Society & Lifestyle


It’s helped out Chinese businesses for centuries, and has recently crept into the offices of global companies such as British Airways and Citibank. So what’s all the fuss about Feng Shui, and can it really increase your luck in the business world? 

Eve Watling - Feng Shui

Feng Shui (which translates literally into ‘wind [and] water’) is an ancient Chinese belief that the surrounding environment affects the psyche of its human inhabitants. Buildings are viewed as spaces built to support the positive flow of chi, the universal energy, which should run uninhibited through a space. As it is affected by the Chinese zodiac, practitioners must make sure they are aware which parts of their building are having a good or bad season, and balance them back into neutrality with ornaments, pictures and furniture arrangements.

When Nabil Kannan moved his company headquarters from Phnom Penh to Siem Reap eight months ago, he felt it was time to take his growing interest in Feng Shui to the next level. “I’ve been interested in it for a while, but my scientific mind stopped me from taking it seriously. But when I began looking at Feng Shui rationally I realised there was a lot of sense in it. This office became the first space that I properly implemented the practice,” says the Malaysian businessman, who is the director of the information service provider Tender Direct.

Kannan was first attracted to the building due to its favourable Feng Shui attribute of being raised above road level. “This shows how Feng Shui has a practical side to it: it’s not just superstition,” he says. “Having a building raised above the level of the road means there’s less flooding, dust and bugs coming inside”.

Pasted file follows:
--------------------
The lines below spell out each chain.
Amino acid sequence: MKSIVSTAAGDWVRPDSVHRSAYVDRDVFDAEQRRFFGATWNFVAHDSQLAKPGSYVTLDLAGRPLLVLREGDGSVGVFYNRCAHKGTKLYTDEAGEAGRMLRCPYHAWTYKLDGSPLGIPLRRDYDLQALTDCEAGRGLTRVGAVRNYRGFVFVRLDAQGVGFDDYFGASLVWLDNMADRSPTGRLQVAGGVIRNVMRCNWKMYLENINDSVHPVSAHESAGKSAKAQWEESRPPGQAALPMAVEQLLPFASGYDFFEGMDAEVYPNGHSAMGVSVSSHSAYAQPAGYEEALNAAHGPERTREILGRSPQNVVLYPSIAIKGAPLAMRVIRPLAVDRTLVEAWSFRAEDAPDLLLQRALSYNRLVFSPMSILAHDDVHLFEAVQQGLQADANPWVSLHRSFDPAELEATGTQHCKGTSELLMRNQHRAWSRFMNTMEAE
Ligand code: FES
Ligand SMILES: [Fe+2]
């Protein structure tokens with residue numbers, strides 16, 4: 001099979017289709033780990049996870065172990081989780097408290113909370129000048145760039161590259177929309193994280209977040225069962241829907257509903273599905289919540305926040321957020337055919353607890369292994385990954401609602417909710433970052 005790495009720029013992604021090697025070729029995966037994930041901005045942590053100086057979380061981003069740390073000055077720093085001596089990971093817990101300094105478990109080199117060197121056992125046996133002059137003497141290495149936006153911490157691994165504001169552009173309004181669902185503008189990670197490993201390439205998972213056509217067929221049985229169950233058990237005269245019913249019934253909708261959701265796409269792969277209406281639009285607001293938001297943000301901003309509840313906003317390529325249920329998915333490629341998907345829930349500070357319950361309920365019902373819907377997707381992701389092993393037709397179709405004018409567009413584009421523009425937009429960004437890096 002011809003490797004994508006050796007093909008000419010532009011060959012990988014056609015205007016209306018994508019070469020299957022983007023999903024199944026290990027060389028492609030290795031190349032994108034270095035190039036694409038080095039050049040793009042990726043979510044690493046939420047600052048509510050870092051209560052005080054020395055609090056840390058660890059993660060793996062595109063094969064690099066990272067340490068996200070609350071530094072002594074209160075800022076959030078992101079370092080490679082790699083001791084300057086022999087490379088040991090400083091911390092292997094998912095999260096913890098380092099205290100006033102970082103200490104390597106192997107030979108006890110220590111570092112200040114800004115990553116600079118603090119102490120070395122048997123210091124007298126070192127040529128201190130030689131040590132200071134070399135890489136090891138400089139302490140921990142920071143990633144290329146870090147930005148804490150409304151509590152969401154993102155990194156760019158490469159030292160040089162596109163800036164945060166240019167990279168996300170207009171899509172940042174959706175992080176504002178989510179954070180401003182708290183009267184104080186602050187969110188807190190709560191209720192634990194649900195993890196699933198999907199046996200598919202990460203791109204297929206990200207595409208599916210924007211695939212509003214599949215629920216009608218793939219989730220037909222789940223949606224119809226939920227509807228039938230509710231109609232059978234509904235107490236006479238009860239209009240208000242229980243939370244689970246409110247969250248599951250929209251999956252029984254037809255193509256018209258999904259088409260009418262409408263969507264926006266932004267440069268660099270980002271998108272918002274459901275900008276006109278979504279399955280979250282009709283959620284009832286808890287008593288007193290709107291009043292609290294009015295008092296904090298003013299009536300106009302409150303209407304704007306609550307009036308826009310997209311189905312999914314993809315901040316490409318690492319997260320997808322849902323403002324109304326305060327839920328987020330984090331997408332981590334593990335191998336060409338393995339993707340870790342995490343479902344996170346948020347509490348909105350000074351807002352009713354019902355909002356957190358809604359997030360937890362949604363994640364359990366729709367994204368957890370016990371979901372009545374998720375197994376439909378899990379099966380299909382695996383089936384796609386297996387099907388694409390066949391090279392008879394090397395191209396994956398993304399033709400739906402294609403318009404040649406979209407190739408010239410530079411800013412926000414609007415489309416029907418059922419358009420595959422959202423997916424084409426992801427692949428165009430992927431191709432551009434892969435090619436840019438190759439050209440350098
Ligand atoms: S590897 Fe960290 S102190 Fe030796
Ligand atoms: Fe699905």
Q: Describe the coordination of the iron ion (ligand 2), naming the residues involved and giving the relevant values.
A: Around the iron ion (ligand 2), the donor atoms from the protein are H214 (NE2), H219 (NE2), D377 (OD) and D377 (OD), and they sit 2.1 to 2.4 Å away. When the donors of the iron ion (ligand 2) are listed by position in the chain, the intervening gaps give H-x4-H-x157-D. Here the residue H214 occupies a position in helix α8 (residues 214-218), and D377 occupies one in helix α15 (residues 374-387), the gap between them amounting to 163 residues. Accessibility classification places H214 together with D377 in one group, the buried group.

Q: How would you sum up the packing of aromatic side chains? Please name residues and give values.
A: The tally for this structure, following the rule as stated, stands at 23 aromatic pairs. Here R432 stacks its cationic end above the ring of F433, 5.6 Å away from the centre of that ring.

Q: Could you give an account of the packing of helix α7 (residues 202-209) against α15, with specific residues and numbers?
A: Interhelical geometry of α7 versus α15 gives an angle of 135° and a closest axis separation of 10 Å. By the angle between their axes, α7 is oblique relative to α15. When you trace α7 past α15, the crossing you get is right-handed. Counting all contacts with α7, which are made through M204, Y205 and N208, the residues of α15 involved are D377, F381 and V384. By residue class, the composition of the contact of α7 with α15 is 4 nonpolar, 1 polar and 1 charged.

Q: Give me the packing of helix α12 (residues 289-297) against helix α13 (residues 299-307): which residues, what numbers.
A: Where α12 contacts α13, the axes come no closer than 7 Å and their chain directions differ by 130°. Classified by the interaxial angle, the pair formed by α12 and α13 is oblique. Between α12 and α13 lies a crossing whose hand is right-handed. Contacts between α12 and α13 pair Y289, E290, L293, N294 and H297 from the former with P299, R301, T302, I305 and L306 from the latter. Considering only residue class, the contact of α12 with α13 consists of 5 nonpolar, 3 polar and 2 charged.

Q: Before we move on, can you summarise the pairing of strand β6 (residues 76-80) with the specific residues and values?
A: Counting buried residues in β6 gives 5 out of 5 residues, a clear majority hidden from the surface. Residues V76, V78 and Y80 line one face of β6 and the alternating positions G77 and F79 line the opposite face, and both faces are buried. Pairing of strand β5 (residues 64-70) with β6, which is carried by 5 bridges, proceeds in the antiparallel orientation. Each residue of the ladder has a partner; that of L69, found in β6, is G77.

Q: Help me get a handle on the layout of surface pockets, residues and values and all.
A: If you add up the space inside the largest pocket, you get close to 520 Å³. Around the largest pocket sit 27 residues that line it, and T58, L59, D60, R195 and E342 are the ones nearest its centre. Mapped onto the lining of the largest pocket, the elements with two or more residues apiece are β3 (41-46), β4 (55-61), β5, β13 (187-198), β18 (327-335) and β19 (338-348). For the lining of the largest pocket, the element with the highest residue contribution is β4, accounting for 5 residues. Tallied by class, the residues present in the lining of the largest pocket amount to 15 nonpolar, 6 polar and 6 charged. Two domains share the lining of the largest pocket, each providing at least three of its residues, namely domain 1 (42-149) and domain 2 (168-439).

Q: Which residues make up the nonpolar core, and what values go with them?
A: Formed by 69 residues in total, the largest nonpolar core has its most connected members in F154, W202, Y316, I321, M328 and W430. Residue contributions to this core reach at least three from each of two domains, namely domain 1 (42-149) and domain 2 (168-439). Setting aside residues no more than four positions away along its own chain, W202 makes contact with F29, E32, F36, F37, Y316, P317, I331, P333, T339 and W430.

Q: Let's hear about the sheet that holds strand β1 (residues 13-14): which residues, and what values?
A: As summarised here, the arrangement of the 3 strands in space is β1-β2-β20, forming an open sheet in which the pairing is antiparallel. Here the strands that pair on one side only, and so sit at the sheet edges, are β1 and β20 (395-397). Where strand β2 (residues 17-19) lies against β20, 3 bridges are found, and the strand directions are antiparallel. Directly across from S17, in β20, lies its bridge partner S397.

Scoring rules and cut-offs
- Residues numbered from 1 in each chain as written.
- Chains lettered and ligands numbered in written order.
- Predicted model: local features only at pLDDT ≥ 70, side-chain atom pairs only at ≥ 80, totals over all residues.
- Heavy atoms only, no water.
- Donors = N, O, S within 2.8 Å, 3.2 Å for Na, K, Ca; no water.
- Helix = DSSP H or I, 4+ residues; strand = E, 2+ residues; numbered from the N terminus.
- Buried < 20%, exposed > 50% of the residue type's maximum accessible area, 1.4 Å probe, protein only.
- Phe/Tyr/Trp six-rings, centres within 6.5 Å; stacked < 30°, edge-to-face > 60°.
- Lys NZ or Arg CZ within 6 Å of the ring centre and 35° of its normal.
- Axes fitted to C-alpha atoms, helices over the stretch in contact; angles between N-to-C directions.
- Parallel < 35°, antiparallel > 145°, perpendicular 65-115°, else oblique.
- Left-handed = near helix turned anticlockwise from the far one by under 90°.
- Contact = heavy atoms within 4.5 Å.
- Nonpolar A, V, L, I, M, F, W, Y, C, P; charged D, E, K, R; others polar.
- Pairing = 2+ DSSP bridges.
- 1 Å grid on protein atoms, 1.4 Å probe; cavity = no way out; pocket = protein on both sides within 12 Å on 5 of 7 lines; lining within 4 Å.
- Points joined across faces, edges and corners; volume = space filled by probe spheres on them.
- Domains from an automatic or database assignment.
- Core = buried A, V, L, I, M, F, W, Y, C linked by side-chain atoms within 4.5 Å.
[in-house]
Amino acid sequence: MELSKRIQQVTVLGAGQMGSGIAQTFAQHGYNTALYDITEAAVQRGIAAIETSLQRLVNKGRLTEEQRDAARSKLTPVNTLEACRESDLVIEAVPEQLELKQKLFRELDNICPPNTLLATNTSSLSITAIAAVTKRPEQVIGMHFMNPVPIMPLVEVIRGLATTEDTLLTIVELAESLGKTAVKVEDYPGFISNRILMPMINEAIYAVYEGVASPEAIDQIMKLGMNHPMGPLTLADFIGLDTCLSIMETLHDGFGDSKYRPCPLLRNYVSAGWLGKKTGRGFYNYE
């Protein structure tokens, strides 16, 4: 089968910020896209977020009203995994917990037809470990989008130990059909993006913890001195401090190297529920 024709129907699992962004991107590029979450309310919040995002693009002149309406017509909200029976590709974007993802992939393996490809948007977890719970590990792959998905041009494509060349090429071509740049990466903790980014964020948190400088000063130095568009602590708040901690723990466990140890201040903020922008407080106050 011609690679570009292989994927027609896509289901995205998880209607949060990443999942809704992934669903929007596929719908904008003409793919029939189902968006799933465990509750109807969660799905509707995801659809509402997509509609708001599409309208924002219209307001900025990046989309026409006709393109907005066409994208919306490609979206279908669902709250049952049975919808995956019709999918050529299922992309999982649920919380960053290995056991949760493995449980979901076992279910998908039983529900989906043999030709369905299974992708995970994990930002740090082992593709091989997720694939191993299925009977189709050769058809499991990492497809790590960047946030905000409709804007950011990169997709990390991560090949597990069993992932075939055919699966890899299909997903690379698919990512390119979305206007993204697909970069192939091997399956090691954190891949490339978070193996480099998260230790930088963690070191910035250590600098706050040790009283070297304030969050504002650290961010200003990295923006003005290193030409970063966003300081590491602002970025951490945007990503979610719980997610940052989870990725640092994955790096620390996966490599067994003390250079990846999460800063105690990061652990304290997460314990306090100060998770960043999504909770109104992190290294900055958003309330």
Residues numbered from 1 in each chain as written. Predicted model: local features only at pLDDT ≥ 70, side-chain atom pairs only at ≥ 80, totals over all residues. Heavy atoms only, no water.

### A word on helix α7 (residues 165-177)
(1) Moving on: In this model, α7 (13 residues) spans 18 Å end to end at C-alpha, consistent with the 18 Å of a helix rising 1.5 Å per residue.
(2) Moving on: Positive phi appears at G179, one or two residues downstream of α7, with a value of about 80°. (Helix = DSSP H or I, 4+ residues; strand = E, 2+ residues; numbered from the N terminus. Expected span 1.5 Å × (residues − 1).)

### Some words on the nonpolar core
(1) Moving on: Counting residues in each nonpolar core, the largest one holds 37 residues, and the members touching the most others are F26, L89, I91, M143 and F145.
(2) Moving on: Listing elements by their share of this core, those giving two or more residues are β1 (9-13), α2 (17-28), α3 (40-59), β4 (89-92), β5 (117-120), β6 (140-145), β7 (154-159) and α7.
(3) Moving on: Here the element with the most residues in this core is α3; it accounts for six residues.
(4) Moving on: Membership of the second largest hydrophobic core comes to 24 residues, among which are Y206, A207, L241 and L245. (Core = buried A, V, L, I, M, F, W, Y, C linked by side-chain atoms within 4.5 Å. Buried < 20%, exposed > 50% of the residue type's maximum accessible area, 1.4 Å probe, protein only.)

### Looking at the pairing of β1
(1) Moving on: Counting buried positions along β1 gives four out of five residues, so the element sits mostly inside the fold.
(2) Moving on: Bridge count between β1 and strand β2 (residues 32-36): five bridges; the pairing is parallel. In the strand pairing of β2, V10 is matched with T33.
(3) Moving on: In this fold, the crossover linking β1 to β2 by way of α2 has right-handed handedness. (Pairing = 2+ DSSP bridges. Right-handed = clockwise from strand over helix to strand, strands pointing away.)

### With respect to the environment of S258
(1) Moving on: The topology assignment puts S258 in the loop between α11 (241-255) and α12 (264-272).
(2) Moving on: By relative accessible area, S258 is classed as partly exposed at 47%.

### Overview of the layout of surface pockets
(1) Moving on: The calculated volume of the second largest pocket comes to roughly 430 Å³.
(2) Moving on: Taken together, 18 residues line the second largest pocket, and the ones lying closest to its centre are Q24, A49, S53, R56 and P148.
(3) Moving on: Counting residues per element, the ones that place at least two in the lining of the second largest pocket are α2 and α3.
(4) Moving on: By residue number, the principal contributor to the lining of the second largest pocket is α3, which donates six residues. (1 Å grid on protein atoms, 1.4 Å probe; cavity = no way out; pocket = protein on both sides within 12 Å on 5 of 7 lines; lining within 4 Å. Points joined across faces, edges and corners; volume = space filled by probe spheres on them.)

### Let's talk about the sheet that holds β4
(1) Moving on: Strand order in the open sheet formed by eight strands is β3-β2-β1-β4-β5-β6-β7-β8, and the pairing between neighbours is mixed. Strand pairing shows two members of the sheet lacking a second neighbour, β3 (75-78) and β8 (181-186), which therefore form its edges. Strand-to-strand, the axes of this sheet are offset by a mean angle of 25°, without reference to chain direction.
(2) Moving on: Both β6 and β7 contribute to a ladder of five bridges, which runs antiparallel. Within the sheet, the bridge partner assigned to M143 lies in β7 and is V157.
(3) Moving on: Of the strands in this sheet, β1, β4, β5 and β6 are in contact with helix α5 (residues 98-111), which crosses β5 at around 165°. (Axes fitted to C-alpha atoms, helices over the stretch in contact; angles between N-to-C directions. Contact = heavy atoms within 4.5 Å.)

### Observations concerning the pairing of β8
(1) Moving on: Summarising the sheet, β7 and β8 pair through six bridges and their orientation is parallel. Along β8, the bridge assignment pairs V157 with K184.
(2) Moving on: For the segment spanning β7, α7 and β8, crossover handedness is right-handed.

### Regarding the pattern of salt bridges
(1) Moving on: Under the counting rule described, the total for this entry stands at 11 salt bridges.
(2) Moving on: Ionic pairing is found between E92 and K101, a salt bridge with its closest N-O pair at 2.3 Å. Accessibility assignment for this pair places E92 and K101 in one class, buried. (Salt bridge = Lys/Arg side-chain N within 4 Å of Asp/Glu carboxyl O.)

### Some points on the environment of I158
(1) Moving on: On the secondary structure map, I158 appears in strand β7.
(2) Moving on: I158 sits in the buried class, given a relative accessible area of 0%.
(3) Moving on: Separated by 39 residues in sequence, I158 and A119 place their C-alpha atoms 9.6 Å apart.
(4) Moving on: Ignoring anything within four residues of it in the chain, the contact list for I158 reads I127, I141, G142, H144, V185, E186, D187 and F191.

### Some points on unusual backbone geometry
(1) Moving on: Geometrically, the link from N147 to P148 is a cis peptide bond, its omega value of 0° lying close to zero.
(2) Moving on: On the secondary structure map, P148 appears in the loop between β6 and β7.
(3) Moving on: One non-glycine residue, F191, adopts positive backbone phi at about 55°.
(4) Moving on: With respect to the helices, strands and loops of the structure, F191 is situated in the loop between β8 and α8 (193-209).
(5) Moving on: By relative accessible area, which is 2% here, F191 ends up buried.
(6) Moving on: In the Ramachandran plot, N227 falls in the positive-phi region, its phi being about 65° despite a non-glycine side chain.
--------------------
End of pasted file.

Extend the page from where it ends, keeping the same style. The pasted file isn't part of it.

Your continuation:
Indeed, there’s a practical element to all Kannan’s Feng Shui decisions, from fixing noisy doors to getting rid of dead plants. “It’s good for a business to have everything in good working order,” he says.

Kannan has noticed big changes since he started imple- menting Feng Shui. Business has improved, and workers feel more productive after the biannual spring clean and furniture rearrangement that Feng Shui requires. His Cambodian staff were initially indifferent to his beliefs, but have since begun requesting extra Feng Shui charms as they felt the effect of the practice.

He admits that paying mindful attention to your sur- roundings and making the effort to improve your life may be just as helpful as the mystical aspects of Feng Shui, but he also feels more at peace with his surround- ings than ever before. “Scientifically, I know Feng Shui is not the reason, but this has really been the only place we’ve been completely happy,” he grins.


Text & Photograph by Eve Watling